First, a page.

Example: For the current tax year, the highest tax due for your New York corporation is based on the corporation's business income base, and for the year your corporation had a business income base of $500,000. Your corporation is not a qualified New York manufacturer or QETC. It also is not located in the Metropolitan Commuter Transportation District. Therefore, other things being equal, the corporation will owe New York corporation franchise tax in the amount of $32,500 (6.5% of $500,000).
S Corporations. An S corporation is created by first forming a traditional corporation, and then filing a special form with the IRS to elect S status. Unlike a traditional corporation, an S corporation generally is not subject to separate federal income tax (exceptions include cases where the S corporation has built-in gains, excess passive income, or passive investment income). Rather, taxable income from an S corporation is passed through to the individual shareholders, and each individual shareholder is subject to federal tax on his or her share of the corporation's income. In other words, S corporations usually are pass-through entities. (Note that a shareholder's share of the S corporation's income need not actually be distributed to the shareholder in order for the shareholder to owe tax on that amount.)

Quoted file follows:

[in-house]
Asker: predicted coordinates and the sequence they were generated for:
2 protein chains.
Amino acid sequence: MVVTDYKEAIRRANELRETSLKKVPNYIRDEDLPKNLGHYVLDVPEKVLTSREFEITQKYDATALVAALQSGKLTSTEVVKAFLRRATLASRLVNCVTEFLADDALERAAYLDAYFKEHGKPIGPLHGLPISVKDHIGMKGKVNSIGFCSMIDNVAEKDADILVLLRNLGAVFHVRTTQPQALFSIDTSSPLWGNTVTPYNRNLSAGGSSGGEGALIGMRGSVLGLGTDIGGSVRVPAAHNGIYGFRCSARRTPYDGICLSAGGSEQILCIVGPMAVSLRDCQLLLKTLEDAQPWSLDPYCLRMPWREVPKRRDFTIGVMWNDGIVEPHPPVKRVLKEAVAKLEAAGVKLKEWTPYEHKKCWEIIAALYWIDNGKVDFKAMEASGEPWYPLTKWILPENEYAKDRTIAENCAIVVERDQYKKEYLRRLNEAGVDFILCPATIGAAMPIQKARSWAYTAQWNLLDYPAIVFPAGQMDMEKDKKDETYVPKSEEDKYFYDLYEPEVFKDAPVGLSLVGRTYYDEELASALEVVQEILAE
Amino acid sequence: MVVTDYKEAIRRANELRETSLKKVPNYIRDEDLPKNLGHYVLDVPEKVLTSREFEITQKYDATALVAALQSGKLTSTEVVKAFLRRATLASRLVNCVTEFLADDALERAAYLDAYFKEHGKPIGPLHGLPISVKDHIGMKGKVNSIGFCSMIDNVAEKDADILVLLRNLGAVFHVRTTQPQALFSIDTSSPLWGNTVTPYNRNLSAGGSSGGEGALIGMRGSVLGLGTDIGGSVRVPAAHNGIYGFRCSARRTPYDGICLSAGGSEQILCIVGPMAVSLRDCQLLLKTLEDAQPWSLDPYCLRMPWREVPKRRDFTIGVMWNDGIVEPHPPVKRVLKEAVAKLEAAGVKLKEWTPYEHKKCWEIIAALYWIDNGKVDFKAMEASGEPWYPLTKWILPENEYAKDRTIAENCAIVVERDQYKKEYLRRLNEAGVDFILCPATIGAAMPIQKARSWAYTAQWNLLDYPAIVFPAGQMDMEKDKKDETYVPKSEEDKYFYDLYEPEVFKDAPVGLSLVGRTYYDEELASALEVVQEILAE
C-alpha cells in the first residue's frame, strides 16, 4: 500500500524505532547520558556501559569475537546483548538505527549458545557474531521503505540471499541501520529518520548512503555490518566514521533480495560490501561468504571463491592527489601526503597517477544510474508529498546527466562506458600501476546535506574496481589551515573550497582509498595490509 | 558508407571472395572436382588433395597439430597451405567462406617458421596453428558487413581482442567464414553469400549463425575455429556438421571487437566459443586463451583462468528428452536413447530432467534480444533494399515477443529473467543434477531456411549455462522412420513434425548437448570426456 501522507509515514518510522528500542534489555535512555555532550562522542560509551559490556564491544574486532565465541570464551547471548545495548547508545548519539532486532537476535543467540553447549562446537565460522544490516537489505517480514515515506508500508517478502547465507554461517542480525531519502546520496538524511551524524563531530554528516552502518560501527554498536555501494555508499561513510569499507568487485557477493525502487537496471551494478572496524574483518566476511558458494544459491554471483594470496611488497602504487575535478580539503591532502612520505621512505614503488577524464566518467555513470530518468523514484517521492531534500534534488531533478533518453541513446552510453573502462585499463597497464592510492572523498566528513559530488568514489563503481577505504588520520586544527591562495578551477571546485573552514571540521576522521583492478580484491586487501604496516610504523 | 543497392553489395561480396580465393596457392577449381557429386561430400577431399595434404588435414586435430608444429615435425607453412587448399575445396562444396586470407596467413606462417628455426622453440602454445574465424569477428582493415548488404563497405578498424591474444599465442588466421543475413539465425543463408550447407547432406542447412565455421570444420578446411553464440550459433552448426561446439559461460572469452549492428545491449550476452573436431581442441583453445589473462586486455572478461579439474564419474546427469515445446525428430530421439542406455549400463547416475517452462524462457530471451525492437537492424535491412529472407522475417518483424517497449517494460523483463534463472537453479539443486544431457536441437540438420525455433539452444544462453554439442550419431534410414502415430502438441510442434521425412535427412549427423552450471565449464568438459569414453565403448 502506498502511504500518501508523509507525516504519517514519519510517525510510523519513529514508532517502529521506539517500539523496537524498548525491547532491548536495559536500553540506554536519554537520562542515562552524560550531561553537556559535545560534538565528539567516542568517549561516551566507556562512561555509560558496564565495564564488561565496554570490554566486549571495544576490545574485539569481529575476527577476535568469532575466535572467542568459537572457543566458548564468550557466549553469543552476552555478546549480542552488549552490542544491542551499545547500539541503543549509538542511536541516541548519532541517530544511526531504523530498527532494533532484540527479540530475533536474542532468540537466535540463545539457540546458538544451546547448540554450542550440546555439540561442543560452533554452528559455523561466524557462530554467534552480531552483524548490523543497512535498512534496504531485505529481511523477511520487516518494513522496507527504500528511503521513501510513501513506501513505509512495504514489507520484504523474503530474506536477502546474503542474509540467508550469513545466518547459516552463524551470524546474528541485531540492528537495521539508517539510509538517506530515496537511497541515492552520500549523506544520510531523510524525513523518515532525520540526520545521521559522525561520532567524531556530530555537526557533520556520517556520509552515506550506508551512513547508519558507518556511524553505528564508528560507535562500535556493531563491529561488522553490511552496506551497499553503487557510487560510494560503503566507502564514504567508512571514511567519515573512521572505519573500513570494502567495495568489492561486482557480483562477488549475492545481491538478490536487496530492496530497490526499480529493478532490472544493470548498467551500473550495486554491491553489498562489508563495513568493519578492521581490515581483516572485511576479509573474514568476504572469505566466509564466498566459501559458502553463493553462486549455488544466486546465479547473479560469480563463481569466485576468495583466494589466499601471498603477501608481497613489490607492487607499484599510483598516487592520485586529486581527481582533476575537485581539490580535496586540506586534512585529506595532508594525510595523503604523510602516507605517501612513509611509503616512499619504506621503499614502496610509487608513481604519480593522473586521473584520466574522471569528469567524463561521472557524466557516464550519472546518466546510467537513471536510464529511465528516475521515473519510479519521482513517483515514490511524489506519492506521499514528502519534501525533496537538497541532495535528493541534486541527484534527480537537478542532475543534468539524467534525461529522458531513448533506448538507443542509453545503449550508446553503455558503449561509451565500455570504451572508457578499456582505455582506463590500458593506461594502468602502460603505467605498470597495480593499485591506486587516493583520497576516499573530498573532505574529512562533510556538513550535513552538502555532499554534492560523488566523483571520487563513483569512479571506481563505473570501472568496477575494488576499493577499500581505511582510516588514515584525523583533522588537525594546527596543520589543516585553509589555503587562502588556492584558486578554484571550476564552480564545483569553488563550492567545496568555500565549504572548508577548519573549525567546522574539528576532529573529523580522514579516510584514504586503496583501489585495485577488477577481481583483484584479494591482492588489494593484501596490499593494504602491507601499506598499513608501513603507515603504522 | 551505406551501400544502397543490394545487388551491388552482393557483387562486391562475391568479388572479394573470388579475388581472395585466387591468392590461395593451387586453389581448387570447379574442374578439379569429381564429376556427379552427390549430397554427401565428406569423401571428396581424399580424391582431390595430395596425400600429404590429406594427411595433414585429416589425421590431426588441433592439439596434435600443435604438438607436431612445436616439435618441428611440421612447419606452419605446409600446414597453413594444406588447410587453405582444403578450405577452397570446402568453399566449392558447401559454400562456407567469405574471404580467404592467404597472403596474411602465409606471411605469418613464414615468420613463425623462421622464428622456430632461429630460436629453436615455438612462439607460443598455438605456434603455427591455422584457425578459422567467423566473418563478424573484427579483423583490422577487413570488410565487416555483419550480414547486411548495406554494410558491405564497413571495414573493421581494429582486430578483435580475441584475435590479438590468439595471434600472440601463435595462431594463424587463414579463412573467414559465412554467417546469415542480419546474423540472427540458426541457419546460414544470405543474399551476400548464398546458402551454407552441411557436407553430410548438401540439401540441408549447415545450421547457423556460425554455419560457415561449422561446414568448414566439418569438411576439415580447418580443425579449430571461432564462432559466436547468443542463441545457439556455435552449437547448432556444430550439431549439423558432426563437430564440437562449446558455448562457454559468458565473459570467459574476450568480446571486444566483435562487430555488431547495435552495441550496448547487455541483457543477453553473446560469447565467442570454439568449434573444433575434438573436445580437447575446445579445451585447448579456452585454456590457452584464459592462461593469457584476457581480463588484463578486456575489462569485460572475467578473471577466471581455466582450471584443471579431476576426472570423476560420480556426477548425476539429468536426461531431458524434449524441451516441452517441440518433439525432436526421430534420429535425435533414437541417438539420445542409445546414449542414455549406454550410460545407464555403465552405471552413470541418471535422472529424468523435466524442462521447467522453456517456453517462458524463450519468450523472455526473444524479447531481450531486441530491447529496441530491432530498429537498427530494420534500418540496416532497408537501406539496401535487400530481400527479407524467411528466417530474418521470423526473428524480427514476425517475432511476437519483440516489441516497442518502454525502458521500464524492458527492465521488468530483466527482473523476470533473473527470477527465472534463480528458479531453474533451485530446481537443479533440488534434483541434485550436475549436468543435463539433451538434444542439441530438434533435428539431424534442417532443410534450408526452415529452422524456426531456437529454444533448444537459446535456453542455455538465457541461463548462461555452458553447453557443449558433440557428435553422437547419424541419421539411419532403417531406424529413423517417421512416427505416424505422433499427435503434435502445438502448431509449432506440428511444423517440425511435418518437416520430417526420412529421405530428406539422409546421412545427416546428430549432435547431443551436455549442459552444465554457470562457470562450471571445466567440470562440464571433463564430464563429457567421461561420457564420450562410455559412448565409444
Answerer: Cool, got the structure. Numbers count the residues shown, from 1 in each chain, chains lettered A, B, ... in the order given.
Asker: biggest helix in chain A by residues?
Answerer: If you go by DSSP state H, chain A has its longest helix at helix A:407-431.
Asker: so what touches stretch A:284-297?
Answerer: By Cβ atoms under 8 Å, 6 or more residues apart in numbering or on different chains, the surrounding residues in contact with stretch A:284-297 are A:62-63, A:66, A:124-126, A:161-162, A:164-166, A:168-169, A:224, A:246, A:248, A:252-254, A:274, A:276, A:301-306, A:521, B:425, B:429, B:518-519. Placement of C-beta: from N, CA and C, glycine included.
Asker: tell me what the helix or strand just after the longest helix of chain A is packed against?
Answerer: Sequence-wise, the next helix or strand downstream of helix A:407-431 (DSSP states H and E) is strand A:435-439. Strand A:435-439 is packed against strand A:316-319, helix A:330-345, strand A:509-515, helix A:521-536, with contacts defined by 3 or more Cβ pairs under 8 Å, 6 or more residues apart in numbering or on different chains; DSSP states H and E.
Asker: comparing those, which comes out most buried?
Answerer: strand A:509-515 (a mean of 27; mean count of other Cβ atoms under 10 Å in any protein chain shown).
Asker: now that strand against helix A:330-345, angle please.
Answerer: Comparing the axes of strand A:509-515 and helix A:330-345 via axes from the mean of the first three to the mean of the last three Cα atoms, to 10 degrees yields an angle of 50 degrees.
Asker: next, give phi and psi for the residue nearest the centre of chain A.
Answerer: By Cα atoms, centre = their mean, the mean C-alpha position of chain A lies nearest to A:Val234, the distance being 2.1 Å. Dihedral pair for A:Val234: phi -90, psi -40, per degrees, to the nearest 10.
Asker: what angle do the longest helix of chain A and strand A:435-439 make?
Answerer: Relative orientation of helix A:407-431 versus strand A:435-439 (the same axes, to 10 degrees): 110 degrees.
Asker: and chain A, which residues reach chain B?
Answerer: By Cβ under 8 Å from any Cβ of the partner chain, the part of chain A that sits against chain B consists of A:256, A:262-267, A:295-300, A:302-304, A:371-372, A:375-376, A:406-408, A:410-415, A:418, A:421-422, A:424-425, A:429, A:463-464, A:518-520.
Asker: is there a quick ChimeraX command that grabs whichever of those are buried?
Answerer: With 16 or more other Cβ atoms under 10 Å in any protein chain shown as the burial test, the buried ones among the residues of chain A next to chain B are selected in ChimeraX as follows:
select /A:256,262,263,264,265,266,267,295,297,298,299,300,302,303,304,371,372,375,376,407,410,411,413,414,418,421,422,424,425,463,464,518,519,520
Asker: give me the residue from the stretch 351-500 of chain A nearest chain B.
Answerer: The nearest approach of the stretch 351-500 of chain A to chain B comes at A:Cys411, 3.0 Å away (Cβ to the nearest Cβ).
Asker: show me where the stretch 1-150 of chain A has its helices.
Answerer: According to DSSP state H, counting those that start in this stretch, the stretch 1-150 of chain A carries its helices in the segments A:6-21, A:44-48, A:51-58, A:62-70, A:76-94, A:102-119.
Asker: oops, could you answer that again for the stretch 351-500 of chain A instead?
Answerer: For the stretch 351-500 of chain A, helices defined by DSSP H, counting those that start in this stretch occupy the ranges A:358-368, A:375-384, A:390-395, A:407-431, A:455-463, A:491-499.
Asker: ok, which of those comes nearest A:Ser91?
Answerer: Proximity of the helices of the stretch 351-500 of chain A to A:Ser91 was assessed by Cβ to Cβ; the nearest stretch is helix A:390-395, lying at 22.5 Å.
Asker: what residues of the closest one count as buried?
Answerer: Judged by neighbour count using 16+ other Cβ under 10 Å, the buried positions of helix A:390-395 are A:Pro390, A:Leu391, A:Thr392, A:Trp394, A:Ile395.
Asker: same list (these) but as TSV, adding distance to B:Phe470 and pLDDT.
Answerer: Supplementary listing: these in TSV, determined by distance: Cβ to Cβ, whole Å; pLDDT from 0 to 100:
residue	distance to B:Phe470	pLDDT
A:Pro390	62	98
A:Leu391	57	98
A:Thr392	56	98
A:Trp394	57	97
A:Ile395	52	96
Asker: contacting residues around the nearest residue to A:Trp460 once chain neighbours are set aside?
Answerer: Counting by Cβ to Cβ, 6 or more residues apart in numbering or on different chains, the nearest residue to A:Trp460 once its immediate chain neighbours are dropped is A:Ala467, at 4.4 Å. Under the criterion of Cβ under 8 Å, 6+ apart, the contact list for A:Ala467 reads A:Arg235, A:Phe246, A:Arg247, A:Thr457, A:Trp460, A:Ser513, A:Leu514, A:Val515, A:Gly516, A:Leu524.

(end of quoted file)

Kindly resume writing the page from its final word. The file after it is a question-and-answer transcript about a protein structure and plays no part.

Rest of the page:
New York, however, does not recognize the federal S election. Instead, in addition to the federal S election form, you must also file a New York election form. (If your business does not properly file for S status with the State of New York, the state will tax the business as though it were a traditional corporation.) Moreover, New York S corporations are required to pay corporation franchise tax based on New York receipts. Also, independently of any corporation franchise tax due from the business itself, each individual S corporation shareholder will owe tax on his or her share of the corporation's net income.
Example: Your New York S corporation, which has properly filed for S status with the State of New York and not a qualified New York manufacturer or QETC, had New York receipts of $600,000 and net income of $300,000 for the fiscal year. Your corporation will owe New York corporation franchise tax in the amount of $300. In addition, the corporation's $300,000 in net income will be allocated to you and your fellow shareholders, and you will each pay tax on your own portions on your respective state tax returns. The rate will vary depending on your overall net income for the year.
Limited Liability Companies (LLCs). In many states, LLCs are pass-through entities and are not required to pay either federal or state income tax. Instead, income from the business is distributed to individual LLC members, who then pay federal and state taxes on the amount distributed to them. In New York, individual LLC members must pay state income tax on the amount distributed to them, but the LLC itself must also pay the state filing fee.